• Chinese sailor attempting record missing in Pacific near Hawaii

    World News CBC News
    The U.S. Coast Guard has suspended its search for a Chinese man attempting to set a sailing record after a crew did not find him aboard his boat off the Hawaii islands. In a statement Wednesday night, the Coast Guard said a crew from the USS Makin Island went aboard Guo Chuan's trimaran about 620 miles northwest of Oahu and only found Guo's life jacket. Source
  • Police veto plans to reopen Australian theme park 3 days after deaths

    World News CTV News
    CANBERRA, Australia - The Australian theme park where four people died on a river rapids ride has defended its safety record as police vetoed plans to reopen its doors to the public three days after the tragedy. Source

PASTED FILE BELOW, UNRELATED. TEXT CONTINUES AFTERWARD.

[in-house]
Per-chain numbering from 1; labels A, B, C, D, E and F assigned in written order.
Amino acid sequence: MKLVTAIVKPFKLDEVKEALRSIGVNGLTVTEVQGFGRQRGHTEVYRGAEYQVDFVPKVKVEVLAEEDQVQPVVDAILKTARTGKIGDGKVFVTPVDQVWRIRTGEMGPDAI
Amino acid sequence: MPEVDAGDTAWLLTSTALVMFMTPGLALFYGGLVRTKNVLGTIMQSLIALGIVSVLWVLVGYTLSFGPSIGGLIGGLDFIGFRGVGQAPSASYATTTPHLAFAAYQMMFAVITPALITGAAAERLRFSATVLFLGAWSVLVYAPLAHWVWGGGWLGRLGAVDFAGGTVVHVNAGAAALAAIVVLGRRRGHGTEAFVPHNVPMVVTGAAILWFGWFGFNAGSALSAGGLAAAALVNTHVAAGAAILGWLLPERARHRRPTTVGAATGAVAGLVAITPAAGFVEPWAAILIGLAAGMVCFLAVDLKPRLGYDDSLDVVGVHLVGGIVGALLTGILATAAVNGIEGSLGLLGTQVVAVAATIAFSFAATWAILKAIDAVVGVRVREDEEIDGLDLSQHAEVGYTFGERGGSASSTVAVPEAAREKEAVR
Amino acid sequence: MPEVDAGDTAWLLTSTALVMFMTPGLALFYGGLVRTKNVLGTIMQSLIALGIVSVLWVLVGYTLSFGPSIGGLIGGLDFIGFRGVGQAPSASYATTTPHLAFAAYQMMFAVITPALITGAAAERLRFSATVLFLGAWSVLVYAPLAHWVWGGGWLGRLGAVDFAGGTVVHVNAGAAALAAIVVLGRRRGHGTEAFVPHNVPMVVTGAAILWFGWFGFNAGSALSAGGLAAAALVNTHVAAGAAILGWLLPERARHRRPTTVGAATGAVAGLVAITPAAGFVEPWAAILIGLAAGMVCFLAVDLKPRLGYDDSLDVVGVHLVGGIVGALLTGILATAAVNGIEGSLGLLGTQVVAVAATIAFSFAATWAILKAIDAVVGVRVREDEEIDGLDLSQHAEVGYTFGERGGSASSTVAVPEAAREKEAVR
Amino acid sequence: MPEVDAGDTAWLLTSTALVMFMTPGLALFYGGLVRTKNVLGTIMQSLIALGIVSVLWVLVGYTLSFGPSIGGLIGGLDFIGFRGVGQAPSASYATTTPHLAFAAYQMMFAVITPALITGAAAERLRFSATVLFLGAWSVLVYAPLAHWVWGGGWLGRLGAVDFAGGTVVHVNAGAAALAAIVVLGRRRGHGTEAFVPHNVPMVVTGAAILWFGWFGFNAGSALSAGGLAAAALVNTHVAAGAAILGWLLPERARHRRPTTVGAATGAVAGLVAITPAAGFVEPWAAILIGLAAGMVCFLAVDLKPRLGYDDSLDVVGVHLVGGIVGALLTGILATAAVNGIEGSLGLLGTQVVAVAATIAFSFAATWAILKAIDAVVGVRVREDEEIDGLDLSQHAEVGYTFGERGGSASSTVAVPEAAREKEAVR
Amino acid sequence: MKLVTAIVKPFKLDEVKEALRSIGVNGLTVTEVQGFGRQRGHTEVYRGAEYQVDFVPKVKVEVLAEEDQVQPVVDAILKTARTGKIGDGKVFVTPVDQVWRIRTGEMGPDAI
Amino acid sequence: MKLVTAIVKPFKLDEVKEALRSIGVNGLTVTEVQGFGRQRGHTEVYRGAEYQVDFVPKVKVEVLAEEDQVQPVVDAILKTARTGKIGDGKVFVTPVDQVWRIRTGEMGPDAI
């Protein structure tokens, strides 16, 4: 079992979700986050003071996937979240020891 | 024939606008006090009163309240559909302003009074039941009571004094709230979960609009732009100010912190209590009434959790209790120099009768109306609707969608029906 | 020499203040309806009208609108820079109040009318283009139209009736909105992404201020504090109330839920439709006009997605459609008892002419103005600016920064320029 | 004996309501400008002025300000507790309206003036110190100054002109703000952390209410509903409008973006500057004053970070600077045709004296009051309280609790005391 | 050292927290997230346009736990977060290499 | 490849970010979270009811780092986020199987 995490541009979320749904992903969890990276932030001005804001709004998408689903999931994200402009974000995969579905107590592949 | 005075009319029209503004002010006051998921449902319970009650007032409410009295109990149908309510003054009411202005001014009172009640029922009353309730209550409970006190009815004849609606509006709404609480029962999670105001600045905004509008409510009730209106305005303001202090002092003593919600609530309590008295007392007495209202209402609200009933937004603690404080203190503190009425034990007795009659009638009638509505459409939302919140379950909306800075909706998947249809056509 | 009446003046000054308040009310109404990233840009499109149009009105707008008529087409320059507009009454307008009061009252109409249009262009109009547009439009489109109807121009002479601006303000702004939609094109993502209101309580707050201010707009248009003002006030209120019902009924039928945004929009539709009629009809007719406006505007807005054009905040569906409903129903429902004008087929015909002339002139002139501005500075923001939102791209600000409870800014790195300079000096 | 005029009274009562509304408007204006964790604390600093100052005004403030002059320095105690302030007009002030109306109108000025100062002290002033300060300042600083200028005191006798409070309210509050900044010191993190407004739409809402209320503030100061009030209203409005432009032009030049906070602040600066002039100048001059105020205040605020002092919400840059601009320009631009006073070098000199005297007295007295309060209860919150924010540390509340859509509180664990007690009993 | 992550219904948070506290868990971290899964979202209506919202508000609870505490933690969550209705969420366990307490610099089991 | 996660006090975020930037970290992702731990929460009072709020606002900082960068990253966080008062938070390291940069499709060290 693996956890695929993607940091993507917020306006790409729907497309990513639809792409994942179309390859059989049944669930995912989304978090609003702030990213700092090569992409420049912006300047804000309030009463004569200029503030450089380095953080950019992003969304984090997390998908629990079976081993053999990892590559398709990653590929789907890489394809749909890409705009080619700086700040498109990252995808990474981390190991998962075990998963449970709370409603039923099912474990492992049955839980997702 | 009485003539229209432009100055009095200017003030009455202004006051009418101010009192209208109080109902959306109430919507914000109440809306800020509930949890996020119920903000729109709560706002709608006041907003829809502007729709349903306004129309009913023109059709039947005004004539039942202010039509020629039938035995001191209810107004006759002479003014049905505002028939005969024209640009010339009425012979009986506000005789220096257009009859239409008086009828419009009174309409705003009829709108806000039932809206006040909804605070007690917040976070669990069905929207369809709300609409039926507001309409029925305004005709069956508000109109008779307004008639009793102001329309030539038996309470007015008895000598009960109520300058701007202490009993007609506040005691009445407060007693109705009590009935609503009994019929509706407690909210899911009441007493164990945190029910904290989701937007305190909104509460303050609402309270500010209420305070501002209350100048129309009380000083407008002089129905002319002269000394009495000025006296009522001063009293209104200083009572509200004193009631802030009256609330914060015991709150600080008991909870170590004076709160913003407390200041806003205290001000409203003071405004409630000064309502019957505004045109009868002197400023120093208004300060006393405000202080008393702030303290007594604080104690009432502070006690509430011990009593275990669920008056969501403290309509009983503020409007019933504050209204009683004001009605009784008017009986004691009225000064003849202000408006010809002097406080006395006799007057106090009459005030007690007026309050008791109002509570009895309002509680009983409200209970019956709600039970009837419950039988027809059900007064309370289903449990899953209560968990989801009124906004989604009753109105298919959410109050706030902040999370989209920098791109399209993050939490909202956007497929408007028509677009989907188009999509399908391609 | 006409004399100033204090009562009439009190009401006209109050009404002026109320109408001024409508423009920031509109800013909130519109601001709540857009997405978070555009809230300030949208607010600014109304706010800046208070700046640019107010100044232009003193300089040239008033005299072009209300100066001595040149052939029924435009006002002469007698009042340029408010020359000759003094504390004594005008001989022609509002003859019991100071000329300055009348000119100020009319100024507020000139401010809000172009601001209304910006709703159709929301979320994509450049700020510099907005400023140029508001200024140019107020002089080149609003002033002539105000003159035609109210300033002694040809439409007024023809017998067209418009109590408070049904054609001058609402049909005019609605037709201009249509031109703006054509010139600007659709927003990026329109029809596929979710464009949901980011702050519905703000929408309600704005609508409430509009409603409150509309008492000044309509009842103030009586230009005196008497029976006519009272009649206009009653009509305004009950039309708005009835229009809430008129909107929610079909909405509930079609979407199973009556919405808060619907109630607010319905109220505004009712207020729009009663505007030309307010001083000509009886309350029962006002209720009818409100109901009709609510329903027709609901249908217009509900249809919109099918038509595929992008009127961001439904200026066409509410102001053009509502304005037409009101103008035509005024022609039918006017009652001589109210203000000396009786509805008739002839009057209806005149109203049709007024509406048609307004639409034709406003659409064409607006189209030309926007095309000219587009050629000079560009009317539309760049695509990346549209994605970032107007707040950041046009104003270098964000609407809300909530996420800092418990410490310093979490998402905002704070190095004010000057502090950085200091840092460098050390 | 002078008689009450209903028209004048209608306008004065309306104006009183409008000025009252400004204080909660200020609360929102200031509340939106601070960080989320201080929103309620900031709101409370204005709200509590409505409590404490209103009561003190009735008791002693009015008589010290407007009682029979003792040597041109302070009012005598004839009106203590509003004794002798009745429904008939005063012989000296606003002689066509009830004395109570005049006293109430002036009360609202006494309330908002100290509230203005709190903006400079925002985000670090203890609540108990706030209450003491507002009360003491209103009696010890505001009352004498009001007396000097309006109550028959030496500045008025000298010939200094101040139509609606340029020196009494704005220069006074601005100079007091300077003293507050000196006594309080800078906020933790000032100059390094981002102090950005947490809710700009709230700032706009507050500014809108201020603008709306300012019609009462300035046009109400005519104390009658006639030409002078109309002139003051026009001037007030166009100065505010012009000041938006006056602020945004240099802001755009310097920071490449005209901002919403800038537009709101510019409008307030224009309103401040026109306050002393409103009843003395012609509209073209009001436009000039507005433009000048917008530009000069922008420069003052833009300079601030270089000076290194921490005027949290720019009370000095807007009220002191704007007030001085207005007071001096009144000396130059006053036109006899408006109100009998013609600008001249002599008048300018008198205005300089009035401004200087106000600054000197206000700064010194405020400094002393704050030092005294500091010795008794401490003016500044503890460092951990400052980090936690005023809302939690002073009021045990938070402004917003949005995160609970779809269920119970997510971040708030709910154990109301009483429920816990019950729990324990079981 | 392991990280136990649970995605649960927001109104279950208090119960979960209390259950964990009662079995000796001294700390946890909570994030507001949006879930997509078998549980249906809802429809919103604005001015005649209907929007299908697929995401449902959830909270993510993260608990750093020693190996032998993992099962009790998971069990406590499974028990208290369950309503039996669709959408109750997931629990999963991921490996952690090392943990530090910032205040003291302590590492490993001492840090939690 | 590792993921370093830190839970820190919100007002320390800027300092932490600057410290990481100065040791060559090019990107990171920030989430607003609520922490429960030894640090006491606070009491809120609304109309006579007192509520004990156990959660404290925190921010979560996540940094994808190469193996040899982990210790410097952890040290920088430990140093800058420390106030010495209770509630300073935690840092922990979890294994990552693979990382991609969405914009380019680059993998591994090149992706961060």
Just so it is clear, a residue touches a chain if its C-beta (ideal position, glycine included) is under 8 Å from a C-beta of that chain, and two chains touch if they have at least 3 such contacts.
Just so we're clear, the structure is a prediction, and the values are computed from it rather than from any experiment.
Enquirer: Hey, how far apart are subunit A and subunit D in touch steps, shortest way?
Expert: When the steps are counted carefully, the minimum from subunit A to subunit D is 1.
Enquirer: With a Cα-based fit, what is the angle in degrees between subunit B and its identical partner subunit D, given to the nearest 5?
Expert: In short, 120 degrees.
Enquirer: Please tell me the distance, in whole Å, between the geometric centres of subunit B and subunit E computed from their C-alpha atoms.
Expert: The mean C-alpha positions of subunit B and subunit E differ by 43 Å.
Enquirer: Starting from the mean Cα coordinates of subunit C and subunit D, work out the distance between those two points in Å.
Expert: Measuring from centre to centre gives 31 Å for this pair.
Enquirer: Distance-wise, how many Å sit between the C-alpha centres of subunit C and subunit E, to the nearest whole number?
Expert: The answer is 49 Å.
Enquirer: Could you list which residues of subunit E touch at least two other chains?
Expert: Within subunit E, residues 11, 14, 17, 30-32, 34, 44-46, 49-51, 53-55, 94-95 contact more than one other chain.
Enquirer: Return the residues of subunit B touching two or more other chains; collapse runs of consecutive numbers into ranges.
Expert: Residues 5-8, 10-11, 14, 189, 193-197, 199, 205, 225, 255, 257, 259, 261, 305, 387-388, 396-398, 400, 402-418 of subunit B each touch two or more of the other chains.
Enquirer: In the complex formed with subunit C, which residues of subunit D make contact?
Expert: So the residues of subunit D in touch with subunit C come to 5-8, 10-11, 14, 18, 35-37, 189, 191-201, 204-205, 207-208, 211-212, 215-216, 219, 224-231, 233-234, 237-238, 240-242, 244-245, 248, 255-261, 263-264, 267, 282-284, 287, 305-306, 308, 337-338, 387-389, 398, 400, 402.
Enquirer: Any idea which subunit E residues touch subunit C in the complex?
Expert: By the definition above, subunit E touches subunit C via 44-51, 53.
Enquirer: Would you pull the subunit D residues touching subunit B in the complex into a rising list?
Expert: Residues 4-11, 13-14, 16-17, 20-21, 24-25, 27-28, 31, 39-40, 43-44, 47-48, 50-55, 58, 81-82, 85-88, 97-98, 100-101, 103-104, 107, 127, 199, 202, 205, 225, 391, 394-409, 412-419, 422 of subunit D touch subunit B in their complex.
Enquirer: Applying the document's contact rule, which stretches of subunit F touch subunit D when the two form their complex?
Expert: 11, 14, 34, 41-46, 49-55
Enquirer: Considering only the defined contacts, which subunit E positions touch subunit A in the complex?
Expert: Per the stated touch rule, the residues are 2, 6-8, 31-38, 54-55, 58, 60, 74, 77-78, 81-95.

• Japan, U.S. and South Korea agree to step up pressure on North Korea

    World News CTV News
    TOKYO - Senior officials from Japan, the United States and South Korea agreed Thursday to step up pressure on North Korea as they stick to their goal of persuading the communist state to abandon its nuclear weapons. Source
  • Local sheriff's office getting impatient with Dakota Access protesters

    World News CBC News
    Protesters trying to stop construction of the Dakota Access oil pipeline were bracing for a confrontation with police Thursday after the demonstrators refused to leave private land in the pipeline's path. A months-long dispute over the four-state, $3.8 billion US pipeline reached a crisis point when some 200 protesters set up camp on land owned by pipeline developer Energy Transfer Partners. Source
  • Search continues for man wanted in Oklahoma 'rage killings'

    World News CTV News